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The impact of faces on forming opinions of others has attracted a great deal of
interest. Recognizing one's friend or foe quickly provides a unique evolutionary
advantage, and as a result humans have specialized brain regions for the processing
of faces [ 70 ]. Furthermore, people tend to make very quick assessment of faces
without much cognitive effort; a 33 ms exposure to a face is sufficient for them
to decide whether the face is trustworthy or not [ 76 ]. Regions of brain that are
responsible for emotion and decision making are activated when a person looks at
negatively perceived, i.e., untrustworthy faces. The emotional reactions aroused by
the processing of faces, friend or foe, allow people to direct their attention to likely
friends and stay away from harm. An even more interesting finding is that people
tend to agree on their social judgments of the faces [ 76 ]. Similar to the case of
second-hand information, individuals who have been shown faces with a specific
trustworthiness valence played a trust game. In the future games, the individuals
continued to rely on the impression formed by the faces, in some studies more than
the actual behavior they observed [ 74 ]. In other studies, the valence assigned to
faces changed as a function of observed behavior [ 67 ].
Firsthand experiences, especially those obtained from observing the behavior of
others form a basis for judging their trustworthiness. The studies discussed earlier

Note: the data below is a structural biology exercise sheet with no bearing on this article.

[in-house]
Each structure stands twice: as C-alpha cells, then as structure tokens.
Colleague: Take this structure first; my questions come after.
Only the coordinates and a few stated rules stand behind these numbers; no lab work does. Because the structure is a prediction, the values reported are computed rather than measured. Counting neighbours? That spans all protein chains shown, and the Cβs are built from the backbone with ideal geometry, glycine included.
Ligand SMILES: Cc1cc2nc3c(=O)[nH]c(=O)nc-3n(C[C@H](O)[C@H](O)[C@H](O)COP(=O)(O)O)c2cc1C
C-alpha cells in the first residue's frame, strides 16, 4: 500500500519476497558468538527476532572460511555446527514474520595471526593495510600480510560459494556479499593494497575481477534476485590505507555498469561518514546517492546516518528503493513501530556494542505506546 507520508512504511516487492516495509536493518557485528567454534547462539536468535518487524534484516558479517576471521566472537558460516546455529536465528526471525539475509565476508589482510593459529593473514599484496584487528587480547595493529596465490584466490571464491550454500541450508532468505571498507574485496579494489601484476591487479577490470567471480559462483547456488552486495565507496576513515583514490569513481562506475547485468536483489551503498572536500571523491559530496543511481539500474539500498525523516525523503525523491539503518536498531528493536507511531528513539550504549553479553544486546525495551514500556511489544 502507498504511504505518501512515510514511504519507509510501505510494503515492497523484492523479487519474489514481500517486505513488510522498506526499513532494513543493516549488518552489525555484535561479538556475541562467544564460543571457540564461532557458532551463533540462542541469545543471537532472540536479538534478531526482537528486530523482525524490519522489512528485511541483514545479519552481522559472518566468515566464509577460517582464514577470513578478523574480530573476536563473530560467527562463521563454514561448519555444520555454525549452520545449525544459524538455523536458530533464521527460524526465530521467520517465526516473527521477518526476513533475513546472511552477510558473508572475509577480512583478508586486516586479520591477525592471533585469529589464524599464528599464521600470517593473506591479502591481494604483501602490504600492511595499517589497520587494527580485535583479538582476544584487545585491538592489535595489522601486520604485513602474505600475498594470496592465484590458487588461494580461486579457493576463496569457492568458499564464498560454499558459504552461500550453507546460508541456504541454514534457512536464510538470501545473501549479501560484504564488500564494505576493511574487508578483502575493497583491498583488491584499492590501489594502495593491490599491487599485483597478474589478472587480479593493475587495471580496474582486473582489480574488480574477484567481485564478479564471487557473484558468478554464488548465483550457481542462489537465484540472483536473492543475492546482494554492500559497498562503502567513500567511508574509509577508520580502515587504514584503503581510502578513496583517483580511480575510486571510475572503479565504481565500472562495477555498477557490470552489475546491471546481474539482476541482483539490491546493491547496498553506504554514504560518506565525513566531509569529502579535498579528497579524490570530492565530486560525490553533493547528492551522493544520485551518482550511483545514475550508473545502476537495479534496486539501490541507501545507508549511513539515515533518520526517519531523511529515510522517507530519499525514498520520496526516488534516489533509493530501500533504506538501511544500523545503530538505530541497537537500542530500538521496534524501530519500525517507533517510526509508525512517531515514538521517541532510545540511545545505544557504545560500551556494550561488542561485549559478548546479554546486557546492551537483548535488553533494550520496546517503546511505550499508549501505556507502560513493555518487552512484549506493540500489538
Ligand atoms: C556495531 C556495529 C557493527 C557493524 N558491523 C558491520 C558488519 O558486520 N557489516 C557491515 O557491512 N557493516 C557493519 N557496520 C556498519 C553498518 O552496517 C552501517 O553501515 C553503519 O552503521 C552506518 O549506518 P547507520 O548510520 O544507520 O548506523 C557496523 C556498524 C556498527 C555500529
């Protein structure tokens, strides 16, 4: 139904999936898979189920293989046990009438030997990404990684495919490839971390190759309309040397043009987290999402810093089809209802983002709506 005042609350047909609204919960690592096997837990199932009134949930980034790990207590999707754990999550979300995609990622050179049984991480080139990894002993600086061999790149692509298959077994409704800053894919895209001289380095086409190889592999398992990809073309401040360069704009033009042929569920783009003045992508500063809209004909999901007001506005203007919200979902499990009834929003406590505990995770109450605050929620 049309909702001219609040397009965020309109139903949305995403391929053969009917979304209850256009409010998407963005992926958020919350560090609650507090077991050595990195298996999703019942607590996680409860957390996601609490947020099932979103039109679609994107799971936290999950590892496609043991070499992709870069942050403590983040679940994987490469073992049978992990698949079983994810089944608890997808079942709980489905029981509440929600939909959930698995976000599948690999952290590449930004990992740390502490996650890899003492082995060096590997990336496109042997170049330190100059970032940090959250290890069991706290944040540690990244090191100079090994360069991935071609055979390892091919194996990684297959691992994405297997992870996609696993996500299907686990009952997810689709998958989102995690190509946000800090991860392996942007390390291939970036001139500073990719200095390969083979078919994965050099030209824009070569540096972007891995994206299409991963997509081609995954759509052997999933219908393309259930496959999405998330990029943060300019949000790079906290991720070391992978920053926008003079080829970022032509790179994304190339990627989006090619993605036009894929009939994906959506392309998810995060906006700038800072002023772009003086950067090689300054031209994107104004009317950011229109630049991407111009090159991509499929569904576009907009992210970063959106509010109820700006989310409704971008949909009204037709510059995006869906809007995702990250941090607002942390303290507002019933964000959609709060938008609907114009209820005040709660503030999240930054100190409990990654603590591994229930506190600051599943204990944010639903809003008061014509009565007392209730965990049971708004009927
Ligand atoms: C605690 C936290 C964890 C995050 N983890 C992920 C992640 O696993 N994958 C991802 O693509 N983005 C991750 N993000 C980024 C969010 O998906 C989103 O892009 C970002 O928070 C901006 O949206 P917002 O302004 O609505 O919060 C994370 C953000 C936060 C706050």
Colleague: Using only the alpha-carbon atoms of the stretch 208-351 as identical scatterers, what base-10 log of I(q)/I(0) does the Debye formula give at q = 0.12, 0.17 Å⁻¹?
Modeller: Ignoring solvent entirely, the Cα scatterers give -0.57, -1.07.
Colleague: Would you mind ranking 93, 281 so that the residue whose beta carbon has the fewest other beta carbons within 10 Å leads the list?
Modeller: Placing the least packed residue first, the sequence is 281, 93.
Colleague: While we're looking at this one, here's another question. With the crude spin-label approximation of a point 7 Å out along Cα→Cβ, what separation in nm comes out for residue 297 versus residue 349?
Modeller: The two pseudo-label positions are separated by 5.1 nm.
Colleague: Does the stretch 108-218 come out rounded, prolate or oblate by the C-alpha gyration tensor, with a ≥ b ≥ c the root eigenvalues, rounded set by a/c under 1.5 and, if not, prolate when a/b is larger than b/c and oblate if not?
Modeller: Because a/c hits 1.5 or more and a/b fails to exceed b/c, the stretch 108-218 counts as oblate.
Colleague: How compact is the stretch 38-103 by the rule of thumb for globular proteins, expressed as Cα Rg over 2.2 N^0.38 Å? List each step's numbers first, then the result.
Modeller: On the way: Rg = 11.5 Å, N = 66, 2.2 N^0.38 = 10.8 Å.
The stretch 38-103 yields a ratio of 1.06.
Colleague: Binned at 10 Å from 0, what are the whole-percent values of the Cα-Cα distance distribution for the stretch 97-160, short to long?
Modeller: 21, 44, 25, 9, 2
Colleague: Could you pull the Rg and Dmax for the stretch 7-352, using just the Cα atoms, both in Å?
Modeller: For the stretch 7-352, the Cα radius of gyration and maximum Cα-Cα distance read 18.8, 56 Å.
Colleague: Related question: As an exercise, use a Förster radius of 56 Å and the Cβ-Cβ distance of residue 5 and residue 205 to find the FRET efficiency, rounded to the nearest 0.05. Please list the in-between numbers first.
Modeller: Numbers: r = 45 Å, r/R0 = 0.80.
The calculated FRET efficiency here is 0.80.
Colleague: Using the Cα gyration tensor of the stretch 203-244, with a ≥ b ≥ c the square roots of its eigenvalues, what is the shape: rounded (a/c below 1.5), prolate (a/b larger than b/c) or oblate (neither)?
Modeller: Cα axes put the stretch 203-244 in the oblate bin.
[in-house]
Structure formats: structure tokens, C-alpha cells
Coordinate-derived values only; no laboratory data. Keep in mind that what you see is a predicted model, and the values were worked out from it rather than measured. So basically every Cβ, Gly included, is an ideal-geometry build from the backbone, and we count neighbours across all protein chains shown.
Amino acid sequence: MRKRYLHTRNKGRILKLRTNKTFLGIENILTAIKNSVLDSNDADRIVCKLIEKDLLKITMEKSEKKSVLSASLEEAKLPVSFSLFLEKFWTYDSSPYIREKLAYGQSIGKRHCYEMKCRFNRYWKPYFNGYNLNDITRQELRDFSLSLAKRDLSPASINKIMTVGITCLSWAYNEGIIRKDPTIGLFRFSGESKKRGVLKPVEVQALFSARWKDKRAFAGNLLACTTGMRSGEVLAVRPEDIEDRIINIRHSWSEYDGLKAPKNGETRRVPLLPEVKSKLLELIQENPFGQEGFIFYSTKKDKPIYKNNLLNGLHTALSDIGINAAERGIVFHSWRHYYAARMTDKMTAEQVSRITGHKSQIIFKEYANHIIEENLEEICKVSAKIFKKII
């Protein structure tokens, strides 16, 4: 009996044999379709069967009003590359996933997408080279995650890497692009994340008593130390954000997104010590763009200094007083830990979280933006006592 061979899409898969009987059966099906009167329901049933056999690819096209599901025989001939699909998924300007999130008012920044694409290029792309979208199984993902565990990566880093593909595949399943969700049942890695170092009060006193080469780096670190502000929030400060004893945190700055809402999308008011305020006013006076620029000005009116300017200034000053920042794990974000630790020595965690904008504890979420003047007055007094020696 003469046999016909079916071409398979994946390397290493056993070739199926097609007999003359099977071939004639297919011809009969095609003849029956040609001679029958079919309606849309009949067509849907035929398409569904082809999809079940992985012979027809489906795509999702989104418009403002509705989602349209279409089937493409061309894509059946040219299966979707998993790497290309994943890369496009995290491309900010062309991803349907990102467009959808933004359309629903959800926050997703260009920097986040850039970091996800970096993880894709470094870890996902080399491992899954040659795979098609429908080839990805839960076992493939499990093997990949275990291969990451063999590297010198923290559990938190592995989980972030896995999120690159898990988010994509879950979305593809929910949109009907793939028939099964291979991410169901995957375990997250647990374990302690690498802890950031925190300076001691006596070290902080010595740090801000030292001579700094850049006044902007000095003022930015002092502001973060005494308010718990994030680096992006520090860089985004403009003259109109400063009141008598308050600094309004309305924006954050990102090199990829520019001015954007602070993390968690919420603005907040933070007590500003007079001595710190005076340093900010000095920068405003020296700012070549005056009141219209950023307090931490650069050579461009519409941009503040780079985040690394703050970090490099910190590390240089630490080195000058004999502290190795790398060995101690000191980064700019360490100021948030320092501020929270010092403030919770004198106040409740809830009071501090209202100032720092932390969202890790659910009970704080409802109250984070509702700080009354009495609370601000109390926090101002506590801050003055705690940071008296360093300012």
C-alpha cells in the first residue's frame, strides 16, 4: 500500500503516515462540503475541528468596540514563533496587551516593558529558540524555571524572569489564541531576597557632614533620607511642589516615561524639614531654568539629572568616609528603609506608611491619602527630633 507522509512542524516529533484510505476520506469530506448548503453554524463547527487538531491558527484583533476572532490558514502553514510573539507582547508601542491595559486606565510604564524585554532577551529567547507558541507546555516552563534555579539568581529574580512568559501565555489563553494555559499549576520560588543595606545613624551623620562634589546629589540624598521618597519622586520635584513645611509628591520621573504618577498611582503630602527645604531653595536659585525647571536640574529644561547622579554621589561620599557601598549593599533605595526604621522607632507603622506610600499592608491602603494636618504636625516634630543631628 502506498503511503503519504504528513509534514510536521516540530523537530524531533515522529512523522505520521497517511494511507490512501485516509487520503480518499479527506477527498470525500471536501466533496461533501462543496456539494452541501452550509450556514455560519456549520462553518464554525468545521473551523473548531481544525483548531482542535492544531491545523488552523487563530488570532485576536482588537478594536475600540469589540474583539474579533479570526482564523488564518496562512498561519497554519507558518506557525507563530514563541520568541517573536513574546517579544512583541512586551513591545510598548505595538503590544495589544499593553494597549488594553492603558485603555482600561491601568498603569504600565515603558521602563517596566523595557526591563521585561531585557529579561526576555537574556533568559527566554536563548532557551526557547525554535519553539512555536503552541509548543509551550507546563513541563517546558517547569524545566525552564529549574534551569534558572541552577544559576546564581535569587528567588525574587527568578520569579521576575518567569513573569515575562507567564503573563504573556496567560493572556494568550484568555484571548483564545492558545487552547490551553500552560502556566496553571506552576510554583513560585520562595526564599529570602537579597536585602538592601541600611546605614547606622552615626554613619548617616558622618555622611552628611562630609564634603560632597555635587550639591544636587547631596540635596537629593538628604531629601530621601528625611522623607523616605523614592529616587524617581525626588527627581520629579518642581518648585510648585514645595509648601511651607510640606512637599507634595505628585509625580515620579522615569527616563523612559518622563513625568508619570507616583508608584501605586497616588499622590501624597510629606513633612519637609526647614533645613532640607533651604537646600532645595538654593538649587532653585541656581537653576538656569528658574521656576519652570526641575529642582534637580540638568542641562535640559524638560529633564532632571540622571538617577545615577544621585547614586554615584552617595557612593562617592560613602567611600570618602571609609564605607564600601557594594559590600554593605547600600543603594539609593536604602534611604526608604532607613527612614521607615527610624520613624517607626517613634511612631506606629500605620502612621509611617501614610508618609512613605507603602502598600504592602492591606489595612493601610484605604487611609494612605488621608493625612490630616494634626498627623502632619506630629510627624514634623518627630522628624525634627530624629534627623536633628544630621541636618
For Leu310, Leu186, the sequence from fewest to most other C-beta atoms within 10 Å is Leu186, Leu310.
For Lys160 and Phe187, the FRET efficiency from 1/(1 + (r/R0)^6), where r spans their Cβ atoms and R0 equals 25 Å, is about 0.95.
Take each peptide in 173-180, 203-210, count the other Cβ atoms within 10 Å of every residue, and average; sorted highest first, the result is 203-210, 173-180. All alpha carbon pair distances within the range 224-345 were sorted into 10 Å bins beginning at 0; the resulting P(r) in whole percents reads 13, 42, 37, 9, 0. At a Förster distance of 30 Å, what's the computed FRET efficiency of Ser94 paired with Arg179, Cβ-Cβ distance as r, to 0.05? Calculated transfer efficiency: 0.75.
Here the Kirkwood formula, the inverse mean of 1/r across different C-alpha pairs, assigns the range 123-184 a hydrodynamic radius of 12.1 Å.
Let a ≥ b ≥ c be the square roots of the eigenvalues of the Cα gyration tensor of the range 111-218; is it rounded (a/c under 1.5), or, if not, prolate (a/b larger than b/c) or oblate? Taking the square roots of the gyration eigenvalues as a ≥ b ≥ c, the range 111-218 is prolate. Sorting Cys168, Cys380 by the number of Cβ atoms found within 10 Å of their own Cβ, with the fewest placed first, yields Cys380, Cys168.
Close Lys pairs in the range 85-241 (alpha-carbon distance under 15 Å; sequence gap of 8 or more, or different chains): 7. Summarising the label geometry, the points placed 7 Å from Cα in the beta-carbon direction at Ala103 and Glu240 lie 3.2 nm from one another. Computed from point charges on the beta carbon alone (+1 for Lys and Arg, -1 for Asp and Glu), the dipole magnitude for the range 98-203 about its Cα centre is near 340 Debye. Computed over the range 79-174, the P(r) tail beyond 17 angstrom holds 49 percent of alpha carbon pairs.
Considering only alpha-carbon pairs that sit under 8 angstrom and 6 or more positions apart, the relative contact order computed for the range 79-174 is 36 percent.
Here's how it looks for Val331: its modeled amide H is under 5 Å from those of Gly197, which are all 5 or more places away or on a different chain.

aim to understand how much people rely on observed behavior in judging others'
future behavior. In the case of evaluations based on faces, the trustor is reconciling
two different systems of evaluation: memory based and effortful in the case of
processing behavioral information vs. perceptual, emotional and cheap to evaluate
in the case of facial information. In fact, the experiments show that people rely
on these two evaluations with different weights, perceptual evaluations playing
an important and lasting role. In the case of second-hand information, the trustor
chooses between the reliability of her own observations and the trustworthiness of
the source of second-hand information. Even when the information is presented
without citing a specific source, the trustor can substitute her trust for the examiner
as a way to judge the credibility of the information source. In both cases, the trustor
learns from firsthand experiences, but other sources have a significant impact in trust
A recent study [ 6 ] aims to understand how firsthand experiences are integrated
into the initial trustworthiness beliefs obtained from facial impressions. The model
that best explains the observed behavior suggests that first impressions are used as
a lens in which the feedback obtained from firsthand experience is evaluated. If the
evidence confirms the initial impressions, it is believed more easily. Otherwise, it
has a limited effect and the learning is much slower. This process changes the initial
impressions, which in turn has an effect on the processing of future evidence.
Studies also elaborate on the differences between trustworthiness and ability
judgments. The common signals used to make an inference about ability have to do
with the status of the other person as well as his perceived facial dominance [ 17 ].
Research also sheds light on how trustworthiness and ability impact behavior at the
cognitive level [ 17 ]. Trustworthiness perceived as warmth and friendship is judged
before competence. As a result, trustworthiness evaluations carry more weight
in both emotional and behavioral reactions. The judgment of friendship is easily
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